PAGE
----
He can also say what he thinks, and he does. At a recent press conference, he was asked about whether he'd support a bear hunt this year, a controversial topic for both hunters and environmentalists. His response was sure to endear him to neither side: that he'll trust the judgment of his experts. "I didn't have to worry about the political ramifications, just what's right here," he says.
That freedom has given him the ability to frame the debate on the state budget. It's been structurally out of balance for years, in part because legislators have cut taxes to win political favor. As a result, local cities and towns have had to increase property taxes. That made many homeowners irate, so legislators then created a popular property-tax rebate program.
But when Codey proposed his budget earlier this year, he said the state didn't have the money to give a rebate to everyone, and he cut more than $1 billion from the program.
"He was able to say the emperor has no clothes: He could take a courageous stand, saying that there just wasn't enough money," says Ingrid Reed, director of the New Jersey Project at Rutgers University in New Brunswick. "The [General] Assembly is going through contortions to try to figure out how to restore the rebate program."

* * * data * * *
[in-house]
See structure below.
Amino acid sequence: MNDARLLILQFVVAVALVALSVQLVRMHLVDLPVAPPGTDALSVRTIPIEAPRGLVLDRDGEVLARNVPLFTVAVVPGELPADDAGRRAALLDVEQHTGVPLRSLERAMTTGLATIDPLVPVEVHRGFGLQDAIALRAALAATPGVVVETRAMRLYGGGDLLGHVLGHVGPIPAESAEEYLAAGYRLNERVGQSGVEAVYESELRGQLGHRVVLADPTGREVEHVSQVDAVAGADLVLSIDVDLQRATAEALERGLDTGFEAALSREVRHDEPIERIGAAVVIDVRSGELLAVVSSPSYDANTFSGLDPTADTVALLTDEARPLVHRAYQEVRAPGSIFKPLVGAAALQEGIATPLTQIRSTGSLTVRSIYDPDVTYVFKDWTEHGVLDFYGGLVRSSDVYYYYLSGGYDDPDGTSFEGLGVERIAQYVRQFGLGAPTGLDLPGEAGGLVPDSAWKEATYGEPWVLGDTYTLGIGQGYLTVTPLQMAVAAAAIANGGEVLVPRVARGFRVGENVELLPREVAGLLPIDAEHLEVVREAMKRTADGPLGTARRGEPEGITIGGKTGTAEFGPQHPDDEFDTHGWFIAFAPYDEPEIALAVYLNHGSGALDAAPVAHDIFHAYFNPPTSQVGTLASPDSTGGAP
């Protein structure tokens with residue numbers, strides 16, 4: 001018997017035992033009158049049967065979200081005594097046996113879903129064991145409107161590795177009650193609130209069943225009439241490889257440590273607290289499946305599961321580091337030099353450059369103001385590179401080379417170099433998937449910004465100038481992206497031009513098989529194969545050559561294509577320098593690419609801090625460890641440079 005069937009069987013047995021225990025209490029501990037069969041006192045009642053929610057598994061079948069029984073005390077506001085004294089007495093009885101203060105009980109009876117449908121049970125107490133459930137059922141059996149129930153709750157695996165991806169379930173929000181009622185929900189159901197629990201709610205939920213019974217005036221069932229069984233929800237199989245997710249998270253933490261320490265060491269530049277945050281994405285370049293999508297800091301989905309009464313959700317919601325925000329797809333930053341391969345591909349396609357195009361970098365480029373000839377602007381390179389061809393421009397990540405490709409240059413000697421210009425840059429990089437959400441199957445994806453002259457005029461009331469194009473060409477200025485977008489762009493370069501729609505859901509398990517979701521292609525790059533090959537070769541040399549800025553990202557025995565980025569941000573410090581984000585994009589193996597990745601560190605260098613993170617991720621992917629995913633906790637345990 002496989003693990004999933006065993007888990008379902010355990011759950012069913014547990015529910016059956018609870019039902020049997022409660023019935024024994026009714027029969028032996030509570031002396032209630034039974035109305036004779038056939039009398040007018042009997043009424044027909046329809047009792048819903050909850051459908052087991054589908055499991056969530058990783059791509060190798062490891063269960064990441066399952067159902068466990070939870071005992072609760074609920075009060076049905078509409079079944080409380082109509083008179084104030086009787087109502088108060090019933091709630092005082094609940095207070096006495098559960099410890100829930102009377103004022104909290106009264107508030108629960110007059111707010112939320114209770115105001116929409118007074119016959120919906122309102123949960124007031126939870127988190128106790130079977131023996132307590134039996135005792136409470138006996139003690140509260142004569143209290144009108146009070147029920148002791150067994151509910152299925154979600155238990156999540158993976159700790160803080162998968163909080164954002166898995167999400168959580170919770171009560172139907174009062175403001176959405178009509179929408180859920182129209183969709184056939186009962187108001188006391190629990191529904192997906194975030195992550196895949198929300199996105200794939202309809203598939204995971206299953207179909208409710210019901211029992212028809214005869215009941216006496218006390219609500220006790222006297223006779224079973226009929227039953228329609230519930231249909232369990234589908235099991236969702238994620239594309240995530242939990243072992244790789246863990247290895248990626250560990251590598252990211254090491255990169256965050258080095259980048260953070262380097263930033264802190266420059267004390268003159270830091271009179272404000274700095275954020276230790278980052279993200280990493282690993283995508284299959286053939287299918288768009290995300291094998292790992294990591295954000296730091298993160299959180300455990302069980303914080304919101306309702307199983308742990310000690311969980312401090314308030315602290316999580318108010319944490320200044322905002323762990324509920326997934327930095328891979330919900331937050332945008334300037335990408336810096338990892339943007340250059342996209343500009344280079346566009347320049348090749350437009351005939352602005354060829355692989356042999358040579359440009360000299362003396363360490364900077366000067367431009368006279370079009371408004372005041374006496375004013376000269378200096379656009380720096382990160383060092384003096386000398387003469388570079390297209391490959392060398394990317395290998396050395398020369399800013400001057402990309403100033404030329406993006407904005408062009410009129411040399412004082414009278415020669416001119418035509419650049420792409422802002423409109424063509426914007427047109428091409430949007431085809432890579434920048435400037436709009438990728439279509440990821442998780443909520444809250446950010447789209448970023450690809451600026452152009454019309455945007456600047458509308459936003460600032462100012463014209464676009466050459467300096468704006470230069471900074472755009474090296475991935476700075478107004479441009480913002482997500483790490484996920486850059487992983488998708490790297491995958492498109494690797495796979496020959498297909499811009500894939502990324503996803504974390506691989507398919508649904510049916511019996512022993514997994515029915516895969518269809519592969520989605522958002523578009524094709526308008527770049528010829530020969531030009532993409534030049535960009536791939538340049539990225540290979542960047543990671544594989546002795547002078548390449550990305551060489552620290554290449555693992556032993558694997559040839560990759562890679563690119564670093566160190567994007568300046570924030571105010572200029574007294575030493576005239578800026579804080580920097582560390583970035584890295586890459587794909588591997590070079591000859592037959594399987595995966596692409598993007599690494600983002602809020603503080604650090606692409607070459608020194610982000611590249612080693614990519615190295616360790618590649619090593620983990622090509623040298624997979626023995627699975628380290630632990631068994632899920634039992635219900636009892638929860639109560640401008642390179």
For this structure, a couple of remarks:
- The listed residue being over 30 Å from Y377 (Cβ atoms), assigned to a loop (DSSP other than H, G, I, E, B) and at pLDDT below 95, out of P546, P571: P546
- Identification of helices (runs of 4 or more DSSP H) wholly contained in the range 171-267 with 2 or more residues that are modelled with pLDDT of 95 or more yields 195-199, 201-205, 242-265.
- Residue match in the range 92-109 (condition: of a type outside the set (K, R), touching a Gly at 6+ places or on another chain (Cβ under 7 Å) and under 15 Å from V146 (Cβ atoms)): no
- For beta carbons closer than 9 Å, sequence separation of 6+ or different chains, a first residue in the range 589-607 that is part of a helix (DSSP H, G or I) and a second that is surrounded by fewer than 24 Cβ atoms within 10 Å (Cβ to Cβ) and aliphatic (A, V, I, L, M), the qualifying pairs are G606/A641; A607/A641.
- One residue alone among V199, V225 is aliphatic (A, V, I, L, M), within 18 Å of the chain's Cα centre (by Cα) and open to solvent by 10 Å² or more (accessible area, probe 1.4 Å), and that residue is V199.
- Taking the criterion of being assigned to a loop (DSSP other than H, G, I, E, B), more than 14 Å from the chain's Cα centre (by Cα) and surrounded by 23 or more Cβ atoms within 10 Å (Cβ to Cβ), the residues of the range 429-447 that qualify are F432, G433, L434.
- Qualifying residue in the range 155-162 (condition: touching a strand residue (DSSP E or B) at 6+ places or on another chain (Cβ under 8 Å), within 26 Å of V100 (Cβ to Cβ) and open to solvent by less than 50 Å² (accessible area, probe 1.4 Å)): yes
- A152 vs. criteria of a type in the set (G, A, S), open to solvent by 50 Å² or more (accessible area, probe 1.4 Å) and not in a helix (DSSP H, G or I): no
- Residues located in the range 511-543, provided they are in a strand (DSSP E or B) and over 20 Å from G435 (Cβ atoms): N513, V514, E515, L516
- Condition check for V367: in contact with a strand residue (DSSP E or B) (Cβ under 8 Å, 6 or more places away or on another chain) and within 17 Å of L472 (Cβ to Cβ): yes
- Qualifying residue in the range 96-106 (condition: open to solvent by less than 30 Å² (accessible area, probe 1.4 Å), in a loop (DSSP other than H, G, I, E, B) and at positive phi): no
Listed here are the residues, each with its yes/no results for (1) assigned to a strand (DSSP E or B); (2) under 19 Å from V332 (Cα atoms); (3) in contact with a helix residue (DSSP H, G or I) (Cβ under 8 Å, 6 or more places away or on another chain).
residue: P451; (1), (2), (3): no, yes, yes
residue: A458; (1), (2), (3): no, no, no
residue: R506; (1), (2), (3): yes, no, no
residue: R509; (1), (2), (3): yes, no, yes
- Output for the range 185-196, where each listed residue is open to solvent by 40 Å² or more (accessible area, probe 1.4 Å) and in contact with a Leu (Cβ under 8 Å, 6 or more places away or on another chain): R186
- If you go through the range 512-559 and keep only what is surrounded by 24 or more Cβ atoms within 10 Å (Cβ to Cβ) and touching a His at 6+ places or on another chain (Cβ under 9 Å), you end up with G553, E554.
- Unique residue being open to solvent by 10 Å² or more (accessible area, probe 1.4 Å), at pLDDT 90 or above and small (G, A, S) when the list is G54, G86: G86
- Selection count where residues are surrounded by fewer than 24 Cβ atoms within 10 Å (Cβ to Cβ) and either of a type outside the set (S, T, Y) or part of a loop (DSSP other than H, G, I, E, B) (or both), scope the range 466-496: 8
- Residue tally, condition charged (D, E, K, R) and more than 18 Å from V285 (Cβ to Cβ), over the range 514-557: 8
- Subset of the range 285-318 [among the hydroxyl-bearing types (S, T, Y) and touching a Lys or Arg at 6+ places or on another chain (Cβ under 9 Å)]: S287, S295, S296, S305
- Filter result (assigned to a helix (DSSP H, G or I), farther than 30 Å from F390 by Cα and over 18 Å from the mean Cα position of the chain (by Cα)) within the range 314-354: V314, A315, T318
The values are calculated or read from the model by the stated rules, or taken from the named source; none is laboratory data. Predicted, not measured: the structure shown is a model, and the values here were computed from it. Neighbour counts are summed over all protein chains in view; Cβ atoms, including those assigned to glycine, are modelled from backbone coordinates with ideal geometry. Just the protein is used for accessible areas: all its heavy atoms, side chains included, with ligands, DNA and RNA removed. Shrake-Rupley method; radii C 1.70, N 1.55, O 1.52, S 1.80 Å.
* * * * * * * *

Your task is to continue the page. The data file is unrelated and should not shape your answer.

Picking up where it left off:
On the ethics front, he's appointed New Jersey's first inspector general, and much to the Legislature's dismay, backs a citizens-only board to judge ethics violations in the future. Some critics say his ethics-reform proposals still have enough loopholes that lobbyists, business people, and advocacy organizations can continue filling legislators pockets. That way, they contend, Codey hasn't alienated his core political base in the state Senate. (Because New Jersey doesn't have a lieutenant governor, the president of the state Senate becomes acting governor after a resignation, even as he continues to serve as Senate president. So Codey is currently acting governor and state Senate president.)